These Tequilas don't quite fit in any other category. Each is interesting in its own right, so take a look, and ask your server to help you choose one!
After aging for at least one year, Tequila can then be classified as an "Añejo." The distillers are required to age Añejo Tequila in barrels. This aging process darkens the Tequila to an amber color, and the flavor can become smoother, richer, and more complex.
Tequila Extra Añejo
Each of these Tequilas has been aged for at least three years. What happens to the tequila in the barrels has been called magical--really taking the "juice" to a whole new level. If you are a bourbon or whiskey drinker, these are the Tequilas for you!
This is the Blue Agave Spirit in its purest form. It is clear and typically un-aged, where the true flavors and the intensity of the Agave are present, as well as the natural sweetness. This is the 'essence' of the Tequilero's art and, therefore, the benchmark for which his tequila is appreciated. There are some Blancos that are aged for up to 2 months to provide a smoother spirit.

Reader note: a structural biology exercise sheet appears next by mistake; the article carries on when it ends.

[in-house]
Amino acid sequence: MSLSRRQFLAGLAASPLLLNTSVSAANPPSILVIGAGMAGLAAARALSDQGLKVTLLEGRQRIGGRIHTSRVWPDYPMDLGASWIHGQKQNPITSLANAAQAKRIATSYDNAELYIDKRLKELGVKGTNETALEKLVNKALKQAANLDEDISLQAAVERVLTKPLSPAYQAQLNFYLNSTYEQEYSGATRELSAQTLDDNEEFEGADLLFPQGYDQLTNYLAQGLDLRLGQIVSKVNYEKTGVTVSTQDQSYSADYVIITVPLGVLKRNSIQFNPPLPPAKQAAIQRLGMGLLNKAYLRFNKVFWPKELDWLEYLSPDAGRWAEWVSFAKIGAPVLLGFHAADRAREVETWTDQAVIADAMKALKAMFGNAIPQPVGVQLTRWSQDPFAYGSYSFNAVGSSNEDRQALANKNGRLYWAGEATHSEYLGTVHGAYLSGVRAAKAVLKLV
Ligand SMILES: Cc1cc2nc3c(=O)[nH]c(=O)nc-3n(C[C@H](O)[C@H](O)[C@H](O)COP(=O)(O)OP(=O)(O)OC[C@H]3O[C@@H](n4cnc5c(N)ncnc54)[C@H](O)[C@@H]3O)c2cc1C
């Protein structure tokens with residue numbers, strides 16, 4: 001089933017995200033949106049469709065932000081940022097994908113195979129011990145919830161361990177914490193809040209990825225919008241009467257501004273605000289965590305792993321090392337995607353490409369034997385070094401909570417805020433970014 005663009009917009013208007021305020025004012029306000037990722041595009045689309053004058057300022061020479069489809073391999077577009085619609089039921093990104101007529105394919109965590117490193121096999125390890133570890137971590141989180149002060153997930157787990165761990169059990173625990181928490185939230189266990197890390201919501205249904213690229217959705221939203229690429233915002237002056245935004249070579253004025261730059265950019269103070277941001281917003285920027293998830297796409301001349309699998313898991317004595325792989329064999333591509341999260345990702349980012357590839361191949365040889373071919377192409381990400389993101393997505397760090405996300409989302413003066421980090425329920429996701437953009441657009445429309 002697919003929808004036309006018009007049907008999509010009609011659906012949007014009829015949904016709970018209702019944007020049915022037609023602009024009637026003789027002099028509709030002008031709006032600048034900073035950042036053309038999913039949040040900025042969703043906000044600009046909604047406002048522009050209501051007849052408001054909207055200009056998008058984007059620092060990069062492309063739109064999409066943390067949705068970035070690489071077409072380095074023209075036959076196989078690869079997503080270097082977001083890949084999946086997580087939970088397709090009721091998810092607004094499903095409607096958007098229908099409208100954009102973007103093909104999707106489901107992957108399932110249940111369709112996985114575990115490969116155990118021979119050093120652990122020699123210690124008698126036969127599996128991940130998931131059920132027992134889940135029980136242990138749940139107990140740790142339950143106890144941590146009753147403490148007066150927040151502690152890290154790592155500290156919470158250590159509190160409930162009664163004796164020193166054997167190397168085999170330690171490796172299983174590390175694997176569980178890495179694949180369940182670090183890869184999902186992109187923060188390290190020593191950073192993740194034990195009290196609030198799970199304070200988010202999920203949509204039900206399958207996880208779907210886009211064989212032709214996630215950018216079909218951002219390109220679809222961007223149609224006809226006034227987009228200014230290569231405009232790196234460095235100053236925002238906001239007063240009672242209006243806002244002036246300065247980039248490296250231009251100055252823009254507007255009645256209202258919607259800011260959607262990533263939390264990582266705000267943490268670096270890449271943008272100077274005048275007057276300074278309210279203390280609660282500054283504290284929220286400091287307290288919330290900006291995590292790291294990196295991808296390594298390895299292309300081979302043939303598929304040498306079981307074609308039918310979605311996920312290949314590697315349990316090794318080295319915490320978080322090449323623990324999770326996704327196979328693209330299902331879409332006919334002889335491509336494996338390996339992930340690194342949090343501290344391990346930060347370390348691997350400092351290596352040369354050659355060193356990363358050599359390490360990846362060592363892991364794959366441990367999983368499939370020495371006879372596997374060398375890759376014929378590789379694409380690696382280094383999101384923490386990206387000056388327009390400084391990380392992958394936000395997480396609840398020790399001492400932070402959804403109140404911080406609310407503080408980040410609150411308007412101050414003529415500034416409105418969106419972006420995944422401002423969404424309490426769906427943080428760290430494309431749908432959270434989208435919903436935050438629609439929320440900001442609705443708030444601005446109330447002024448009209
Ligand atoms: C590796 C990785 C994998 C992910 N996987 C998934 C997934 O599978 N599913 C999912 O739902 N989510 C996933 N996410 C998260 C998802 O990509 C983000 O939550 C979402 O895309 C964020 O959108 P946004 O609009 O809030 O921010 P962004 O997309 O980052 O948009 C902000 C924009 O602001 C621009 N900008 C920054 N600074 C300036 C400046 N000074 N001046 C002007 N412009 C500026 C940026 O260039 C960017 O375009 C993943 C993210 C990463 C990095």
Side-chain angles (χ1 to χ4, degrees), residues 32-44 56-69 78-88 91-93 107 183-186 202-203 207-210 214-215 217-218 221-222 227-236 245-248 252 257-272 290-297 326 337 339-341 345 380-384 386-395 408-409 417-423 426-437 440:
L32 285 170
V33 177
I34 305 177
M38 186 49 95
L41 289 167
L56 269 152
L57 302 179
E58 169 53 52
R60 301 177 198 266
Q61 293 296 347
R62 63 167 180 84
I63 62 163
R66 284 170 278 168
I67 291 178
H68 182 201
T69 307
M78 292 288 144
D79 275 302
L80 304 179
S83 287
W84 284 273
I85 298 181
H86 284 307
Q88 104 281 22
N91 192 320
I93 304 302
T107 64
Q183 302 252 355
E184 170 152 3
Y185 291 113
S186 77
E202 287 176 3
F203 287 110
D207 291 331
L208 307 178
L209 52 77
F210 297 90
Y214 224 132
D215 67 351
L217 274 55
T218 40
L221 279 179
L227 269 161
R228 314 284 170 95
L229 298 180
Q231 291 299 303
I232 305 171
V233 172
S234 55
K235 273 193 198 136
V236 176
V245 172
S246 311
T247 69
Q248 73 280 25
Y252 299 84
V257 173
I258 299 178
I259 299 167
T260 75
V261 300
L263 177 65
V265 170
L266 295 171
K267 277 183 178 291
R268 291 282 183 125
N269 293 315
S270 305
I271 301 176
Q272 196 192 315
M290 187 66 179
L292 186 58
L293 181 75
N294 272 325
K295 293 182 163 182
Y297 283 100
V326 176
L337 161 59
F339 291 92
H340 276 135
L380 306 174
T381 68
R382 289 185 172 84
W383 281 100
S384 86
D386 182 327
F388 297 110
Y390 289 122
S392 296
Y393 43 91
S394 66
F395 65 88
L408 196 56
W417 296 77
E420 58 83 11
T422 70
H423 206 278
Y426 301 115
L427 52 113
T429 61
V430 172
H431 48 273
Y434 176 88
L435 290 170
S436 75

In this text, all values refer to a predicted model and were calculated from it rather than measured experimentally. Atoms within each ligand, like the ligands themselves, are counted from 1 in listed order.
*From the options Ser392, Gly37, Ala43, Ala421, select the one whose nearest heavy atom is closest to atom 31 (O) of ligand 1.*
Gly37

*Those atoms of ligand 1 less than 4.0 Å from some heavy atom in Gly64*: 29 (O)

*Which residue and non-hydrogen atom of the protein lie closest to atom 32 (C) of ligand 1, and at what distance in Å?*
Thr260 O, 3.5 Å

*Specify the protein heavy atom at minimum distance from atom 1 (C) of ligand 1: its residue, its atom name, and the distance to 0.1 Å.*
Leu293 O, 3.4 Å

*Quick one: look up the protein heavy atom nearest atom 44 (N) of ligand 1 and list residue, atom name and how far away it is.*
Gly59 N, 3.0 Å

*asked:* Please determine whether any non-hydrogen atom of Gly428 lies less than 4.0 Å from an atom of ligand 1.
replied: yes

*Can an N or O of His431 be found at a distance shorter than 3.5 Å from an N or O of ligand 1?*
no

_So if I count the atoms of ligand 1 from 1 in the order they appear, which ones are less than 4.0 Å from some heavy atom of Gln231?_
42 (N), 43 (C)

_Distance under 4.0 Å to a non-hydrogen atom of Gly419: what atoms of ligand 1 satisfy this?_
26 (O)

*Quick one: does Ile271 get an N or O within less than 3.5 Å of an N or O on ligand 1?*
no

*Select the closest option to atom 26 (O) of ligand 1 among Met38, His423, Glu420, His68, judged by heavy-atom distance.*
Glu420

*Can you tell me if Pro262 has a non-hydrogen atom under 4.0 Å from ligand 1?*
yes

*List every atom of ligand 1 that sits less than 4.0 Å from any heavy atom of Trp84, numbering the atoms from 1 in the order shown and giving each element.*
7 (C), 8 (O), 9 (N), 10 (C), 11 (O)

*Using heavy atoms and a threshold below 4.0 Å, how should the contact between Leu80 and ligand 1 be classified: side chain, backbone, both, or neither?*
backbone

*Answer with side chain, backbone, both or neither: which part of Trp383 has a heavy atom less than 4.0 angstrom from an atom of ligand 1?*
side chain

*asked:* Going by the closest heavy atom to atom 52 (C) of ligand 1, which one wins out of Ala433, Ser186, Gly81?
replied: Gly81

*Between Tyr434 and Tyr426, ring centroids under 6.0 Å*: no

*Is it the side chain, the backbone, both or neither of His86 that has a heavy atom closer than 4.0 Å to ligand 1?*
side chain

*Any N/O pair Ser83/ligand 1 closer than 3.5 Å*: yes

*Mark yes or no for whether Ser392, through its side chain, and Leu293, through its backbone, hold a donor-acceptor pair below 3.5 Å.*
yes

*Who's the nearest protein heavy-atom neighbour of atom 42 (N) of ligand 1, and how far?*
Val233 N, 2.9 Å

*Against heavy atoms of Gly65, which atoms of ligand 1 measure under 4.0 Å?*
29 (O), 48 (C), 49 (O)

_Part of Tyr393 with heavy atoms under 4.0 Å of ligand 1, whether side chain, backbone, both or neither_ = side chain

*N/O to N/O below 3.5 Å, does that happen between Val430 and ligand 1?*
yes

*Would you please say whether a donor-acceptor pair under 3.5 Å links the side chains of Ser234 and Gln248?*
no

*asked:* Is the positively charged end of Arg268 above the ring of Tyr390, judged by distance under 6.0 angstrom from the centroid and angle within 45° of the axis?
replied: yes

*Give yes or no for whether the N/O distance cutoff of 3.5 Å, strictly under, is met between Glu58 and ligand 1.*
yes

A Reposado Tequila is the first stage of "rested and aged." The Tequila is aged in wood barrels or storage tanks between 2 months and 11 months. The spirit takes on a golden hue and the taste becomes a good balance between the Agave and wood flavors. Many different types of wood barrels are used for aging, with the most common being American or French oak. Some Tequilas are aged in used bourbon / whiskey, cognac, or wine barrels, and will inherit unique flavors from the previous spirit.